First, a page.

6 days to go? I really can’t believe it!
Meet Gael Perry! 😀
1) Which is your favorite colour? How would you describe it to someone who is blind?
My favorite color is orange: it’s the warmth of the summer sun, the energy of a nuclear plant and the softness of a sweet cuddle.
2) Who was your most special improv teacher?
It’s really hard to answer, I don’t have “one” special improv teacher, especially because what I like in improv is to try everything, pick thoughts from a lot of different people to build something unique, make the sum of it mine. I could mention some people, for different reasons. Michaël Galmiche was one of my first teachers and is today a fellow player of mine in la Carpe Haute, and I have a special thought for him because he “opened” me. Anders Fors is always in my head when I teach because of his exercise “the circle of confidence” which is not about improv but about people. Vid Sodnik is one of my first international teachers and he gave me the opportunity to see improv from a different point of view. But I realize that I could mention dozens of teachers with whom I had a specific moment in a workshop, which is mostly the reason why I remember a teacher. Not because of the whole thing, but more because of these special moments of connexion.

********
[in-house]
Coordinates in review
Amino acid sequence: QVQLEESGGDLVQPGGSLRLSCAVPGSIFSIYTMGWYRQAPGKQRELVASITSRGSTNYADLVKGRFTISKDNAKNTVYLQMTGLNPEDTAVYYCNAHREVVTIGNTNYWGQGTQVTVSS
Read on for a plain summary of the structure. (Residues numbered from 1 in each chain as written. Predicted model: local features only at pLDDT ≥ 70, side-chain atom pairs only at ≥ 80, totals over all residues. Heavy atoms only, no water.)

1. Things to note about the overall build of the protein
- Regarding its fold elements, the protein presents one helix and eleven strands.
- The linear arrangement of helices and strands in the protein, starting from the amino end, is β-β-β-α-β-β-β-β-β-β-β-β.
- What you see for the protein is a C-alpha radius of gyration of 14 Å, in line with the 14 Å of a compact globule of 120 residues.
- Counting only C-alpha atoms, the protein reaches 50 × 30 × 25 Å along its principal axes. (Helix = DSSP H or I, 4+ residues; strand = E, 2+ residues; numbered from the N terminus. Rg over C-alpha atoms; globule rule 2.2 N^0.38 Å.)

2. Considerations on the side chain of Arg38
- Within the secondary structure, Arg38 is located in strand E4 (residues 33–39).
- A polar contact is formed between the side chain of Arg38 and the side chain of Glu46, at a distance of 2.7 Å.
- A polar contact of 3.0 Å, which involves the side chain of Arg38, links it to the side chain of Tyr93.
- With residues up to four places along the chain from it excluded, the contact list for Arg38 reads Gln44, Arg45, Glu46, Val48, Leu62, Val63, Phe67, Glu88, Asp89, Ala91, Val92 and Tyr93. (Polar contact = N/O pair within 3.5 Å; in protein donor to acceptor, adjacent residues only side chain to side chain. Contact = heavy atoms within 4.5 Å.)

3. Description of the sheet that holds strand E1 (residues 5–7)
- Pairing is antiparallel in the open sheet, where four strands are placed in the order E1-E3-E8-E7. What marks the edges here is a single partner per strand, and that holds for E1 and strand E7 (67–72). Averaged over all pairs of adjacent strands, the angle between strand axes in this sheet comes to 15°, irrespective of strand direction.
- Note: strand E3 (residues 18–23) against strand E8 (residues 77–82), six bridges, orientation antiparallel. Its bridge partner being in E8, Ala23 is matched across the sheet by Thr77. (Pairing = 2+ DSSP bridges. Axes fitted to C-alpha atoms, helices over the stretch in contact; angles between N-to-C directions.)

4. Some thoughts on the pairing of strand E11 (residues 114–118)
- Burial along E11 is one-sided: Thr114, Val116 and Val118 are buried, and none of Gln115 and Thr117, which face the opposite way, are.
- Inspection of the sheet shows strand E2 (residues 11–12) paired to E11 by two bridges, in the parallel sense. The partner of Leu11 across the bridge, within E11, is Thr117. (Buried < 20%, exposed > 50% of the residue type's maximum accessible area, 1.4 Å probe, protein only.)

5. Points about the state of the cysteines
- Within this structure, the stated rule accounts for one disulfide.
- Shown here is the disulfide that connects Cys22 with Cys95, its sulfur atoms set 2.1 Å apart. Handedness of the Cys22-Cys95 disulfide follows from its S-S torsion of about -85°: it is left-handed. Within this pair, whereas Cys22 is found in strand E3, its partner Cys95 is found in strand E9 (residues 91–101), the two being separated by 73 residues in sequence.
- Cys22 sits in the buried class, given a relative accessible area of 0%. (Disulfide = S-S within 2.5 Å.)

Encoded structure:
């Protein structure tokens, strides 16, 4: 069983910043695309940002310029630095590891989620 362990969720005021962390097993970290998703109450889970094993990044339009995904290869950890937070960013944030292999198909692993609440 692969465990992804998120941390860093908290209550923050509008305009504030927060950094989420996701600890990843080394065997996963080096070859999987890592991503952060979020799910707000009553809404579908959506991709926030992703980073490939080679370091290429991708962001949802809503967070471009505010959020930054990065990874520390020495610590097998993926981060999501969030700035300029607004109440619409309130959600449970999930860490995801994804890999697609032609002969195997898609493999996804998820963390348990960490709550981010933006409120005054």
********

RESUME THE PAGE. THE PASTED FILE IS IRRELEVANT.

3) What is the first word/sound/movement that pops to your mind on stage when you feel totally blank? Have you got any Pavlovian responses in improv?
Well, some people would say I’m mime-fishing a lot in improv, so I guess it’s kind of something special about me now. I’m planning to create an intensive workshop about fishing.
4) Which animal would make the best improviser?
The otter. Just because I like it.
5) Imagine that you would have to design three games for the Improv Olympic Games. Which would they be?
Obviously, mime-fishing. Then inappropriate sound-effecting. And finally slow-motion fighting.
6) What’s the 999th way to improvise?
Under water so that you can play in three dimensions. It requires a lot of listening. And good lungs.
7) Which improv thing is not your “cup of tea”?
Improv matches. In France, we all start improv with improv match (two teams of improvisers with a coach kind of fighting each other in improv ruled by a referee who gives title, constraint on the number of players, the type of scene, etc., and where the audience vote at the end of every scene for one team or the other). And for a lot of improviser in the French-speaking countries (France, Romande Swiss, Wallon Belgium and Quebec) improv IS the match. And they only study or practice that.
So improv match is a nice competitive format, impressive for the audience, and a good way to make improvisers travel: because you need another team to play with. But it’s also somewhere between competition (because it’s a match) and collaboration (because it’s improv). So most of the time, the result is something which is not good competition, nor good improv. So even if I still play improv matches sometimes, it’s not my cup of tea!